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Refresh Your Shelf: New Poetry
Every time a new year rolls around we resolve to read more poetry (not in an “eating our vegetables” kind of way, either – it’s just great and we want to make the space!). If you’re like us, read on for five fresh poetry collections to help set the tone for ’24.
Once the Smudge is Lit by Kelsey Borgford and Cole Forrest, illustrated by Tessa Pizzale (Kegedonce Press)
Kesley Borgford, a Nbisiing Nishnaabekwe artist from the Marten clan, and Cole Forrest, an Ojibwe filmmaker and programmer from Nipissing First Nation, collaborated with Moose Cree artist Tessa Pizzale on this poetry collection celebrating connection and ceremony in modern Ojibwe and Nishnaabe communities. Their multidisciplinary art practices and multiplicity of perspectives lend themselves to a beautiful volume of poems that explore love and community, bridged by a connective, illustrated motif of smudge smoke that trails from one page to the next.
Find Once the Smudge is Lit here on All Lit Up, or via your local bookseller.
Hazard, Home by Christine Lowther (Caitlin Press)
Releasing early February, Christine Lowther’s collection Hazard, Home stands in awe of the natural world and simultaneously grieves it and its inhabitants. These poems force us to bear witness, as Lowther does, of the devastating impact colonial practices have had on the environment and on displaced people and cultures. As Tofino’s former poet laureate and the editor of the anthology Worth More Standing: Poets and Activists Pay Homage to Trees, Lowther brings a special perspective, and this collection is a unique addition to the nature poetry canon: one that represents an urgent call to action.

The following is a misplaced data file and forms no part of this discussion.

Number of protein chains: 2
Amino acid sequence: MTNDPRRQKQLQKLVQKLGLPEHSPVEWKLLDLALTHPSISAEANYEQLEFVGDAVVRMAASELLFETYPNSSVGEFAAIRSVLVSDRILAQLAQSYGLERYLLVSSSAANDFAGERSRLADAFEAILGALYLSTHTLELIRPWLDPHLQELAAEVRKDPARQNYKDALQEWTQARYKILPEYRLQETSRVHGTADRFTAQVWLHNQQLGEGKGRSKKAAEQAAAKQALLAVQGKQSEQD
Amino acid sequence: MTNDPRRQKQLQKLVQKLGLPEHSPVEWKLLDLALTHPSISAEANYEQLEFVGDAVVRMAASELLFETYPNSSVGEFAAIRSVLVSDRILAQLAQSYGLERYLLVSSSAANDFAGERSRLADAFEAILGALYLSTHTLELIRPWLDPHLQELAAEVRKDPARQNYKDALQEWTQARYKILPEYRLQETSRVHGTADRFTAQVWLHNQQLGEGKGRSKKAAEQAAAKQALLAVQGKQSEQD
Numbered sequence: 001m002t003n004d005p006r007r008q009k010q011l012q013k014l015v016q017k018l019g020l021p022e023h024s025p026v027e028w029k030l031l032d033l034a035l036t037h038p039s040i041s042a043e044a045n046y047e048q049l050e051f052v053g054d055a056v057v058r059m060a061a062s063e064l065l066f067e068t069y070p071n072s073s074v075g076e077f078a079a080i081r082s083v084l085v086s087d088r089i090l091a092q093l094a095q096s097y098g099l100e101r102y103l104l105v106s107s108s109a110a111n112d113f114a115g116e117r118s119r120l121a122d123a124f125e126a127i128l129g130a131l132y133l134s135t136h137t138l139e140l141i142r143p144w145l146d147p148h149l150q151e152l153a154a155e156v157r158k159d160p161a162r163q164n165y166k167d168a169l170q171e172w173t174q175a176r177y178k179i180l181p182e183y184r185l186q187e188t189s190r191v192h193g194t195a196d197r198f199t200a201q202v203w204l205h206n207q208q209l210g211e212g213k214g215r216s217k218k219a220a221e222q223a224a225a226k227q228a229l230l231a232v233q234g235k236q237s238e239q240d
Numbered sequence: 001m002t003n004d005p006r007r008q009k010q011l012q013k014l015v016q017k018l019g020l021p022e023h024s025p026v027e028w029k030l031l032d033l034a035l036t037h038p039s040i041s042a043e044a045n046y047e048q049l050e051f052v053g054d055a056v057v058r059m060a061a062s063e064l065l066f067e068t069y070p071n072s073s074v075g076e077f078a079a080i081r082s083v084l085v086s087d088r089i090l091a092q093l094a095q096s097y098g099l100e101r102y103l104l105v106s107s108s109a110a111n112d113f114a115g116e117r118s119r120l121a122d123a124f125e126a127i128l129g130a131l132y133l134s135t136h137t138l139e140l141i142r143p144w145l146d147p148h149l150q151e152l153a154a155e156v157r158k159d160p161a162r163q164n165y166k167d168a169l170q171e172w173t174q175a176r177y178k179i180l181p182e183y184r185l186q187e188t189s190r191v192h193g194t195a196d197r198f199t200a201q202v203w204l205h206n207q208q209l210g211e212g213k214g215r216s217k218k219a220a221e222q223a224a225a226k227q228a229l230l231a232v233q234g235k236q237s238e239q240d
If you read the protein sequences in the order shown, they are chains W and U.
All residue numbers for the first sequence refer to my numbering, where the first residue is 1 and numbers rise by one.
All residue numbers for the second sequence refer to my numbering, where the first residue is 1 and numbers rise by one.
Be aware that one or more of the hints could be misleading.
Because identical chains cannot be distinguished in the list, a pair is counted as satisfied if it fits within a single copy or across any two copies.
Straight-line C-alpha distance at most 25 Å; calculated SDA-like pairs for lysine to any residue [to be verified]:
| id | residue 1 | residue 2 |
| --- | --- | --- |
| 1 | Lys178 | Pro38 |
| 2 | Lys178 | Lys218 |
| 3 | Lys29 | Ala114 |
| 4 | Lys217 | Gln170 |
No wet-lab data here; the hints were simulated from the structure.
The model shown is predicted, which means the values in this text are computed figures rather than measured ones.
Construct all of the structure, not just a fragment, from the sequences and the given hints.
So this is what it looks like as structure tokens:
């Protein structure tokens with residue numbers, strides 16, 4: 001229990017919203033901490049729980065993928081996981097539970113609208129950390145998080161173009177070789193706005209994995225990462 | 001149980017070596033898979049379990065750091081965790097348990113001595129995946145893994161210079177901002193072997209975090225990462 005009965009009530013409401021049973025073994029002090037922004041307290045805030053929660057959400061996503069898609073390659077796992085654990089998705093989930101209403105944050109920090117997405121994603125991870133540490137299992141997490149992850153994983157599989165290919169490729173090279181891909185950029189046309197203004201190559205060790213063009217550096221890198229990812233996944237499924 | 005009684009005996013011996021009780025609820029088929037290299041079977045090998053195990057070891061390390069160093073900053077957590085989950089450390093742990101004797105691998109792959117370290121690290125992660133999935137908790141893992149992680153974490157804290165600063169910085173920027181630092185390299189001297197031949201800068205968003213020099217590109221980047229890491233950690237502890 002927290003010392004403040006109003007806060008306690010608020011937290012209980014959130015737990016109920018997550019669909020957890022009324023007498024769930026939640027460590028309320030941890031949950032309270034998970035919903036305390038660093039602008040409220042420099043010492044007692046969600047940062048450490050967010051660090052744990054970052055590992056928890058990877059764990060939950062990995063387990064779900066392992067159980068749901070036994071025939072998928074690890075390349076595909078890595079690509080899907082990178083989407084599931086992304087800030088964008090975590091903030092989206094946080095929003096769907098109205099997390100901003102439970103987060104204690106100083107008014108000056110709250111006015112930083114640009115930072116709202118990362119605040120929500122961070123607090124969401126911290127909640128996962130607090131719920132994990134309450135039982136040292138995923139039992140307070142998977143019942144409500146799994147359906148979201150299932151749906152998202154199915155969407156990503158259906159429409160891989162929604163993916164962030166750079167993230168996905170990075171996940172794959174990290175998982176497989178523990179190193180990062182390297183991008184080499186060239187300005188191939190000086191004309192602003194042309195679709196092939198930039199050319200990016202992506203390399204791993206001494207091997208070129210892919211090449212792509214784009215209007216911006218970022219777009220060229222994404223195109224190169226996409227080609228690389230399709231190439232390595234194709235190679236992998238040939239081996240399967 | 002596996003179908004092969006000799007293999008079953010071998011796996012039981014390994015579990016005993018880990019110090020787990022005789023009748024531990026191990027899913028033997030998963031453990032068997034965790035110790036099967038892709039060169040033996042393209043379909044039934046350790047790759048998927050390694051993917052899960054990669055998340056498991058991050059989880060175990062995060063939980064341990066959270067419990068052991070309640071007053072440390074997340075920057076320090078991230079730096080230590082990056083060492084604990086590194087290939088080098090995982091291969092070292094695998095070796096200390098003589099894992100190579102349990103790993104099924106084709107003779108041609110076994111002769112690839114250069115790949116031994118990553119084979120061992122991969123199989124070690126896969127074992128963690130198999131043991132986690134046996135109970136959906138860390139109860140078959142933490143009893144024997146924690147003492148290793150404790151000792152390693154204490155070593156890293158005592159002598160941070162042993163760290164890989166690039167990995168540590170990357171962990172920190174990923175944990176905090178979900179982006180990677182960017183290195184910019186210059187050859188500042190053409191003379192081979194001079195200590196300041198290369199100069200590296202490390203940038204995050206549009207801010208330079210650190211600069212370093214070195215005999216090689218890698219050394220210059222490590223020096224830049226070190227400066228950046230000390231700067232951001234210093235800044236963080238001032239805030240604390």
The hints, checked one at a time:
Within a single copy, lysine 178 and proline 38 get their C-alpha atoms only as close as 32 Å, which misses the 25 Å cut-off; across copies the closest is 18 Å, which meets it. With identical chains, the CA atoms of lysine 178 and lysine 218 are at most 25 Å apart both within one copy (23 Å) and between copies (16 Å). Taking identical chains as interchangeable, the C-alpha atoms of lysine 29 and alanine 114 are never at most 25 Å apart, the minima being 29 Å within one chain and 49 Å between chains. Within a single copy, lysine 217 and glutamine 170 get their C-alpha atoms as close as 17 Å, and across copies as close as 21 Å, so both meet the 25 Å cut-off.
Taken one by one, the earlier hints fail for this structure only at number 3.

Preorder Hazard, Home here on All Lit Up, or via your local bookseller.
Peony Vertigo by Jan Conn (Brick Books)
Peony Vertigo, poet and biologist Jan Conn’s latest book of poetry, explores the entanglements between the natural and human-made worlds. These poems find unlikely parallels in experience just as they celebrate a world that’s seemingly in its December – as Erin Robinsong says: “vivid documents of her trafficks in love for what is beyond repair and beyond compare.” Read this one if you’re looking for a little unexpected joy in these troubling circumstances we find ourselves in.
Find Peony Vertigo here on All Lit Up, or via your local bookseller.
Mechanophilia: Book One by Vi Khi Nao and Sarah Burgoyne (Anvil Press)
A collaboration between American poet Vi Khi Nao and Canadian poet Sarah Burgoyne, Mechanophilia is the first volume in an epic four-part series, whose poems employ the structure of pi (π). This first book represents the first 1,000 digits of pi, and the poems within examine the tensions between order and chaos, and the myth-making we do in attempts to ease that tension. Nao and Burgoyne queer these myths just as they force them into the pi framework, for a wholly new and exciting look at the possibilities of poetry and mathematics.
Find Mechanophilia here on All Lit Up, or via your local bookseller.
She Who Lies Above by Beatriz Hausner (Book*hug Press)
If Mechanophilia wasn’t enough poetry and math for you, try Beatriz Hausner’s She Who Lies Above. This collection represents layers of imagining: mathematician Hypatia of Alexandria’s romantic correspondence with her friend and former student Synesius of Cyrene, and the discovery and examination of their letters by a librarian and archivist named Bettina Ungaro. These poems show erotic love, literary culture through the ages, and dedication to craft (whatever it happens to be).
Find She Who Lies Above here on All Lit Up, or via your local bookseller.